In what seems like the first time in an eternity, AMD’s graphics division finally has GPUs on the market that are trading blows with NVIDIA’s best offerings. With today’s launch of the Radeon RX 6800 and Radeon RX 6800XT graphics cards, buyers have an alternative to NVIDIA at the high end of the enthusiast PC gaming market. Today's launch is exclusively using cards utilizing AMD’s reference design, with customized models from various partners expected to launch on November 25.
Along with the official launch of the graphics cards came a lift on the performance embargo for tech outlets. With most eyes focused on the Radeon RX 6800 XT, the performance relative to NVIDIA RTX 3080 GPU was impressive. The RX 6800 XT reliably trades blows or slightly beats its NVIDIA rival at 1080p and 1440p resolutions, particularly in titles like Assassin’s Creed: Valhalla and Dirt 5. In most other games, the RX 6800 XT gives up the lead to NVIDIA at 4K, but with most of the PC gaming market settling into the 1440p space, the future finally looks bright for the Radeon brand.
The RX 6800 XT cards based on AMD’s reference design have an MSRP of $649, coming in at $50 lower than the MSRP of NVIDIA’s Founder’s Edition RTX 3080 cards. The RX 6800 cards carry an MSRP of $580 and will be competing with NVIDIA’s RTX 3070 cards. Both of these new AMD cards have hardware acceleration support for ray tracing, though initial benchmarks show them performing similarly to NVIDIA’s RTX 2000 series products. AMD also lacks a DLSS competitor, further widening the gap in ray tracing performance between the two companies.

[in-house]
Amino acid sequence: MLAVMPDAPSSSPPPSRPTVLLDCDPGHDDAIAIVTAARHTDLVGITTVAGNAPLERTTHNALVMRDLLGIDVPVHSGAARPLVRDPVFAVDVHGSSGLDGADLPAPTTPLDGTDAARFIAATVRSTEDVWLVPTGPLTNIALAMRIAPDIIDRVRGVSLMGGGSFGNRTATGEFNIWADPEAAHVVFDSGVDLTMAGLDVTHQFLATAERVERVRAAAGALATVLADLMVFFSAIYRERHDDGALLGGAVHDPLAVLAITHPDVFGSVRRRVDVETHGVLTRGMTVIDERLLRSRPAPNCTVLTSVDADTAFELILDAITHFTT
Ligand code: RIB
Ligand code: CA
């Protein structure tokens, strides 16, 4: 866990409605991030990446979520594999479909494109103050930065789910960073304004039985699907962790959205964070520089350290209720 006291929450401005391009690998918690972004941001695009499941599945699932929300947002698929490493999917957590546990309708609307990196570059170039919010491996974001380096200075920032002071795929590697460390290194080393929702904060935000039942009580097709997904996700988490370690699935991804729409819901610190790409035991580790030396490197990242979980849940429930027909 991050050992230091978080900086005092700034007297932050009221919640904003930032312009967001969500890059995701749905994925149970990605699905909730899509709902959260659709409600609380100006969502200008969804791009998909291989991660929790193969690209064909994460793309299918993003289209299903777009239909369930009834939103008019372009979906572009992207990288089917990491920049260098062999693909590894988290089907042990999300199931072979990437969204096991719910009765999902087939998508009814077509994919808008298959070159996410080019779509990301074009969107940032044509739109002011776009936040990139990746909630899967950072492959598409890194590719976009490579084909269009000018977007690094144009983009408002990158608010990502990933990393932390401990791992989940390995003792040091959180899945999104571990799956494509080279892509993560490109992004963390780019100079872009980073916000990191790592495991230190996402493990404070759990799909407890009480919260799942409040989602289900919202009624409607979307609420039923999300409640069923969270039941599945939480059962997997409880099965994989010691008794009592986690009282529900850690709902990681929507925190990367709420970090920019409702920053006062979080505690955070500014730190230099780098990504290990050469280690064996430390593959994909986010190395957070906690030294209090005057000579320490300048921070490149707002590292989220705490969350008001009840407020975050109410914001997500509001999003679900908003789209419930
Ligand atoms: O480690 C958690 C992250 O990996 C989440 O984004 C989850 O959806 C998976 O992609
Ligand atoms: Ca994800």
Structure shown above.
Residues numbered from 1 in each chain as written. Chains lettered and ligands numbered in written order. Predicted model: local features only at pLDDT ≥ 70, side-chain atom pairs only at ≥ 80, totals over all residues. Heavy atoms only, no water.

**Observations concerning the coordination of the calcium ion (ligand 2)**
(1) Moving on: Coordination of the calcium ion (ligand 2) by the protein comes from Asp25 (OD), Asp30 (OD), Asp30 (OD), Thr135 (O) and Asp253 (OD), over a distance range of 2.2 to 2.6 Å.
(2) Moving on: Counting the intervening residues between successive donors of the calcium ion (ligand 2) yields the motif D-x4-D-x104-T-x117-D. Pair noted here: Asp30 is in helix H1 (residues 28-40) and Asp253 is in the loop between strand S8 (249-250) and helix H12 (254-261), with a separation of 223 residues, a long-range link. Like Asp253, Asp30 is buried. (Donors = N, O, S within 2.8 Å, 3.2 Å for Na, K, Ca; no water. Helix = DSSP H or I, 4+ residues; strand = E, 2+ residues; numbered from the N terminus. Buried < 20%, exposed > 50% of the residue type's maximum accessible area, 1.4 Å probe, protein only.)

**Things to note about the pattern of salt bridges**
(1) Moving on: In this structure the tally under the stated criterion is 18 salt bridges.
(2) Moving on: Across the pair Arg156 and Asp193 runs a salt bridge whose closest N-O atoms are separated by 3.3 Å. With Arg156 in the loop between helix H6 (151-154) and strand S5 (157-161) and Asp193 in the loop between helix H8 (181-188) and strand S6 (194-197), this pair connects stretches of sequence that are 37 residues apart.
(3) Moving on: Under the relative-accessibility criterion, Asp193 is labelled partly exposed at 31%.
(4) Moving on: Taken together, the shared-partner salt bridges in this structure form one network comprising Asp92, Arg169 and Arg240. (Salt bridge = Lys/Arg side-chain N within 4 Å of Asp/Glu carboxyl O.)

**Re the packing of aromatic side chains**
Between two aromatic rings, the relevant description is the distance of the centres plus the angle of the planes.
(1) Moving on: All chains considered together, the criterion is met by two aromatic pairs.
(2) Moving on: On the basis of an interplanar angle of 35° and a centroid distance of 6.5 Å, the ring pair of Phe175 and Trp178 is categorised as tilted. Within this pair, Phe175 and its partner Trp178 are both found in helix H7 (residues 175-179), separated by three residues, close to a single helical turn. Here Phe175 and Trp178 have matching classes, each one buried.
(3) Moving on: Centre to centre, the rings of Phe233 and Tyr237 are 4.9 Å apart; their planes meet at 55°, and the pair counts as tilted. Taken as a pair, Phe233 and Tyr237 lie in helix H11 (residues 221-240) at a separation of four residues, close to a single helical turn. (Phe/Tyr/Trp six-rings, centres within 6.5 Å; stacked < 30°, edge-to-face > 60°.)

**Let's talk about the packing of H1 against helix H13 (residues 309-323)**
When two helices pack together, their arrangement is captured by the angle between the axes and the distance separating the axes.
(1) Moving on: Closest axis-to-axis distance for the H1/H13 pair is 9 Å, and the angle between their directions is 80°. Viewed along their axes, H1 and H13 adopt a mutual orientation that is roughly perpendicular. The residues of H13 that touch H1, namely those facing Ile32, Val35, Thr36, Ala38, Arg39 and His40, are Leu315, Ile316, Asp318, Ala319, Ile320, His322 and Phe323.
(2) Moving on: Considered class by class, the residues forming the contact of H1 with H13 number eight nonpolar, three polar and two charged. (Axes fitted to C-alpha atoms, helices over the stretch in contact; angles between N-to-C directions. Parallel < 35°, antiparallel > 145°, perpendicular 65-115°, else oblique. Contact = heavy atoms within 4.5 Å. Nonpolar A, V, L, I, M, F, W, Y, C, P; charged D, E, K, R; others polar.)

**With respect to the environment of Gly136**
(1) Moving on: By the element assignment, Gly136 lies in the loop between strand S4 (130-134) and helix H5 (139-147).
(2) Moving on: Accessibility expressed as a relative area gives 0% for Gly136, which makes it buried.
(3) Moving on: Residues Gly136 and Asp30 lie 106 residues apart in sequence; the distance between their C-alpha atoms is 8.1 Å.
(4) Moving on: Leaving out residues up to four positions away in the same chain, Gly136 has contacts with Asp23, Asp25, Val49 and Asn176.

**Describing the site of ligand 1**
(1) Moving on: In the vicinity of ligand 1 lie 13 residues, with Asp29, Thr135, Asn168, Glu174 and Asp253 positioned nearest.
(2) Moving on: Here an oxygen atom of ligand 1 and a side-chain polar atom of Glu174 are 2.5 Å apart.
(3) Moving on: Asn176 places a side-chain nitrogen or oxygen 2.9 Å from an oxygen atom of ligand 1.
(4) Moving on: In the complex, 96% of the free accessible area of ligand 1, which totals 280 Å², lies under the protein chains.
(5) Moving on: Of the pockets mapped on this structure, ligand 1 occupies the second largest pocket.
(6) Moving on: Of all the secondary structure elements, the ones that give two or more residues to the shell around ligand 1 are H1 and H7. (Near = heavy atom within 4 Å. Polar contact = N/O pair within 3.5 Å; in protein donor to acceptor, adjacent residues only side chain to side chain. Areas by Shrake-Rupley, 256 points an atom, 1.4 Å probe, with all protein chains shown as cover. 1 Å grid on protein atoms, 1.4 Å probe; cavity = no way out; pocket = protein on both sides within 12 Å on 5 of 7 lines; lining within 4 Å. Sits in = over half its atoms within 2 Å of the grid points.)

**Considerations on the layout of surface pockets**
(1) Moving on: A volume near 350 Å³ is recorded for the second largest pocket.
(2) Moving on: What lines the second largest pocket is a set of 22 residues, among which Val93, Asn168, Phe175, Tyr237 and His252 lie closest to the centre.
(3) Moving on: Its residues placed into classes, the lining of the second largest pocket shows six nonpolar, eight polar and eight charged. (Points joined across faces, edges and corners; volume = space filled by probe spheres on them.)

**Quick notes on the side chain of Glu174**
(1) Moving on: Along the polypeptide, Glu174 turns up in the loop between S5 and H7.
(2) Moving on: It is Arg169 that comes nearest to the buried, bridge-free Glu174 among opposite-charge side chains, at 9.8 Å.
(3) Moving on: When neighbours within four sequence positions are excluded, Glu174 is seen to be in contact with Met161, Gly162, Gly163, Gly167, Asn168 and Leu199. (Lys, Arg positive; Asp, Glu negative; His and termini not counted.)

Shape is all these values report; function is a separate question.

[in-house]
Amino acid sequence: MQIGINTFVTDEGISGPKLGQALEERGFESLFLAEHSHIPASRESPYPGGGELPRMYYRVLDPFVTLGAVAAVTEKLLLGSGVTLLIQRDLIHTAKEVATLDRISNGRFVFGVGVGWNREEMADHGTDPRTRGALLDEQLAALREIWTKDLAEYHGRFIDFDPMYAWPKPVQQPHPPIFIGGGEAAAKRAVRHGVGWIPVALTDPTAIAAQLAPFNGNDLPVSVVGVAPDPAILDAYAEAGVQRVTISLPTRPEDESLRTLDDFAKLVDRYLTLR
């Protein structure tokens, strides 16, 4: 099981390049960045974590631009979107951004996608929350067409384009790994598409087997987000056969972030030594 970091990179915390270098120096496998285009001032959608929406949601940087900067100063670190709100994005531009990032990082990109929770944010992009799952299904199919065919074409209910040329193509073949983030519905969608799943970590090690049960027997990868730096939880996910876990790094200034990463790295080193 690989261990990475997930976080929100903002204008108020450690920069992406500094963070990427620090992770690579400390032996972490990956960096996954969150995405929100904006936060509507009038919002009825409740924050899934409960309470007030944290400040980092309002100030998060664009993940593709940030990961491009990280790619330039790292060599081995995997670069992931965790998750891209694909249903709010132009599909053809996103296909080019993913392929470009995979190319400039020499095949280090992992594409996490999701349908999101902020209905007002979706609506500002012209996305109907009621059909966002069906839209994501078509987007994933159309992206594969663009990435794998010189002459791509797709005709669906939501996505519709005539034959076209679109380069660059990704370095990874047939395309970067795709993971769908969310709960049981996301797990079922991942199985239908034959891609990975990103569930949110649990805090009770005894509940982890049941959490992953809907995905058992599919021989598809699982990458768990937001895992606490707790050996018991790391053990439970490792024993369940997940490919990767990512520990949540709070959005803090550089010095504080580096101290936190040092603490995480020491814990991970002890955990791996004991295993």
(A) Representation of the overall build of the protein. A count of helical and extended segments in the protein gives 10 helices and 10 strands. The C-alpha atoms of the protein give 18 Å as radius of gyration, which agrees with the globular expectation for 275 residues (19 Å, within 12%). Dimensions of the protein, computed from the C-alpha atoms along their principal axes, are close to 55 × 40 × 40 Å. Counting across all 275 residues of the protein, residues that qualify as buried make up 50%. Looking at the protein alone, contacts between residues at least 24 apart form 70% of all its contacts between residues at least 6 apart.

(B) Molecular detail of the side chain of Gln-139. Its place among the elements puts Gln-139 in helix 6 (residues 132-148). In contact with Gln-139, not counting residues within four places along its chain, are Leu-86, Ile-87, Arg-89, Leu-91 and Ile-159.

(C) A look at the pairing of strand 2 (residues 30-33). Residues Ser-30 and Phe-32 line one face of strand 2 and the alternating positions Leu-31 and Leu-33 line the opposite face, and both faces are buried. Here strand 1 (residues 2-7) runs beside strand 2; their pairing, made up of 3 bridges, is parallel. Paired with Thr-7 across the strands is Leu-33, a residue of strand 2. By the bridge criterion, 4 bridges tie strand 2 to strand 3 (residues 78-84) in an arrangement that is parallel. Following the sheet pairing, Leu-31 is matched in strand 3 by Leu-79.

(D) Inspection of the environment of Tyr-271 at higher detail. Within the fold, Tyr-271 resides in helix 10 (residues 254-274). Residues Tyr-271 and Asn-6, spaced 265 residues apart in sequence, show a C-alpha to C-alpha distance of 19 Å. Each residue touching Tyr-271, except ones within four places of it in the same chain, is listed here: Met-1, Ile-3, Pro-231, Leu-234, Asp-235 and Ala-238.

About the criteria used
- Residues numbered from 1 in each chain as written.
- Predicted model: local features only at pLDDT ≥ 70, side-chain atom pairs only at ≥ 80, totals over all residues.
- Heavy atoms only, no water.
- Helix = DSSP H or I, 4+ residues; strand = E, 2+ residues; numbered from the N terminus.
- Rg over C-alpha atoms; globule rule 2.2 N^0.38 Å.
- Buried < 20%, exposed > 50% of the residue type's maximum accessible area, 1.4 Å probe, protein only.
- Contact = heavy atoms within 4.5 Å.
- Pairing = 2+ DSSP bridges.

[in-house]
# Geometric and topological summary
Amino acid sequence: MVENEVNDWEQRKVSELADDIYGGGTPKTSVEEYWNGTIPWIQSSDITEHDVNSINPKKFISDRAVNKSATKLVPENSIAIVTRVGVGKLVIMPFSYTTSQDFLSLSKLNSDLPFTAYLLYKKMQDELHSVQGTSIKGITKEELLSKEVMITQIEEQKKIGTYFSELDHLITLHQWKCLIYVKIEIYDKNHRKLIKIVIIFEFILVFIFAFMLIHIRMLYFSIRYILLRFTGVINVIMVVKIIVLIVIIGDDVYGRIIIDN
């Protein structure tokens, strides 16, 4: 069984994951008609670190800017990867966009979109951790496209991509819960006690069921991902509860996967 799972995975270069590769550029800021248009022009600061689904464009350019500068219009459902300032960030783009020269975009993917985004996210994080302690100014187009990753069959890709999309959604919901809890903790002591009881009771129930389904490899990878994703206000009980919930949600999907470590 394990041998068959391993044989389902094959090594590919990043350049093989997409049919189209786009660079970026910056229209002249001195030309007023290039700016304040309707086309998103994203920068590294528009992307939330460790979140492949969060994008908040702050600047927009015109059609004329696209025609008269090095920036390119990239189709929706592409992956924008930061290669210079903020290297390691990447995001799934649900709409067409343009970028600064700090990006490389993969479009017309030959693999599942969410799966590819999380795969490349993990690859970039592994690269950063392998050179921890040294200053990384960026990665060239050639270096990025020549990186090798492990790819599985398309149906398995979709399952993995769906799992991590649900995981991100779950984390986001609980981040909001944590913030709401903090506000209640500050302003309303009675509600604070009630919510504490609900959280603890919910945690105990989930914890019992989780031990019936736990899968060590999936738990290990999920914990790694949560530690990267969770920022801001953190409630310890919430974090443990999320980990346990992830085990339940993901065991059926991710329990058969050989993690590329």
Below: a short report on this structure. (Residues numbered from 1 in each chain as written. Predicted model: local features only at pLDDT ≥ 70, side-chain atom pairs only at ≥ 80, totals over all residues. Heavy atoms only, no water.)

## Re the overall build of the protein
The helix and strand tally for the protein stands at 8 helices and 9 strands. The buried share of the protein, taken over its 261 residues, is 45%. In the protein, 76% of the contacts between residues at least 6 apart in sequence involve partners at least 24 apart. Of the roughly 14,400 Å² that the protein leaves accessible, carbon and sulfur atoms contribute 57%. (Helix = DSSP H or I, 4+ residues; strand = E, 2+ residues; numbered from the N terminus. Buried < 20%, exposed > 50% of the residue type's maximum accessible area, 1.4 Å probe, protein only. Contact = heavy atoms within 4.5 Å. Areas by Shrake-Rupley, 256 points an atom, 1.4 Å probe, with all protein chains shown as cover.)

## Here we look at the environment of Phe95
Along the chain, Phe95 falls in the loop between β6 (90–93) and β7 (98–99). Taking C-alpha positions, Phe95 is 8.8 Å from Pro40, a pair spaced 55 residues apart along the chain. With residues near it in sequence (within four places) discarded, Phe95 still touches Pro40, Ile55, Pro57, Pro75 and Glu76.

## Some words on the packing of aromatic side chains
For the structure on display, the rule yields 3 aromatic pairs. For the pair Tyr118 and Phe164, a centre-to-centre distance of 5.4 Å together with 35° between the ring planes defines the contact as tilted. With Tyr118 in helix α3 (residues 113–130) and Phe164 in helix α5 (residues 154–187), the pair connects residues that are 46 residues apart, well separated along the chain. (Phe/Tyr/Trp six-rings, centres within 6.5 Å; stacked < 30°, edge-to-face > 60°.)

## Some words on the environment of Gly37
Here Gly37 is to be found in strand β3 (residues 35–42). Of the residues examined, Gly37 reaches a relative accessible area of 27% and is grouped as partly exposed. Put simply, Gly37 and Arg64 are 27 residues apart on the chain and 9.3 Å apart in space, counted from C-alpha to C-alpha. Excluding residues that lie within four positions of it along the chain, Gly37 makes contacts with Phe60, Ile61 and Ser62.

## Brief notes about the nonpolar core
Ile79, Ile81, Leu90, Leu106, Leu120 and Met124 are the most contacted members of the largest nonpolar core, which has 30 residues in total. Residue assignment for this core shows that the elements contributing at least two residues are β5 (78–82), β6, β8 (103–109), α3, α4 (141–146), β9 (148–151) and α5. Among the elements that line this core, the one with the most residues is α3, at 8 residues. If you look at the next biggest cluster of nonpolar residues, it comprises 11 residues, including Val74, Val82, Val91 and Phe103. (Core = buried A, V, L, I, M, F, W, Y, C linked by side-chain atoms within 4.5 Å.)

If you game at 1440p and don’t care much about ray tracing performance, these new AMD GPUs should be at the top of your list. With a slightly lower price than NVIDIA and offering more VRAM across the board, they represent a strong value. That said, launch day availability seems to be really poor with the few online retailers offering stock being exhausted of supply within seconds of the launch. NVIDIA has been experiencing similar supply issues for two months now with its own RTX 3000 cards. Thanks to COVID-19, a pair of new consoles, and a variety of other factors, there simply aren’t enough high-end GPUs to go around this holiday season. Hopefully, supply for AMD’s new cards will improve when custom variants launch on November 25.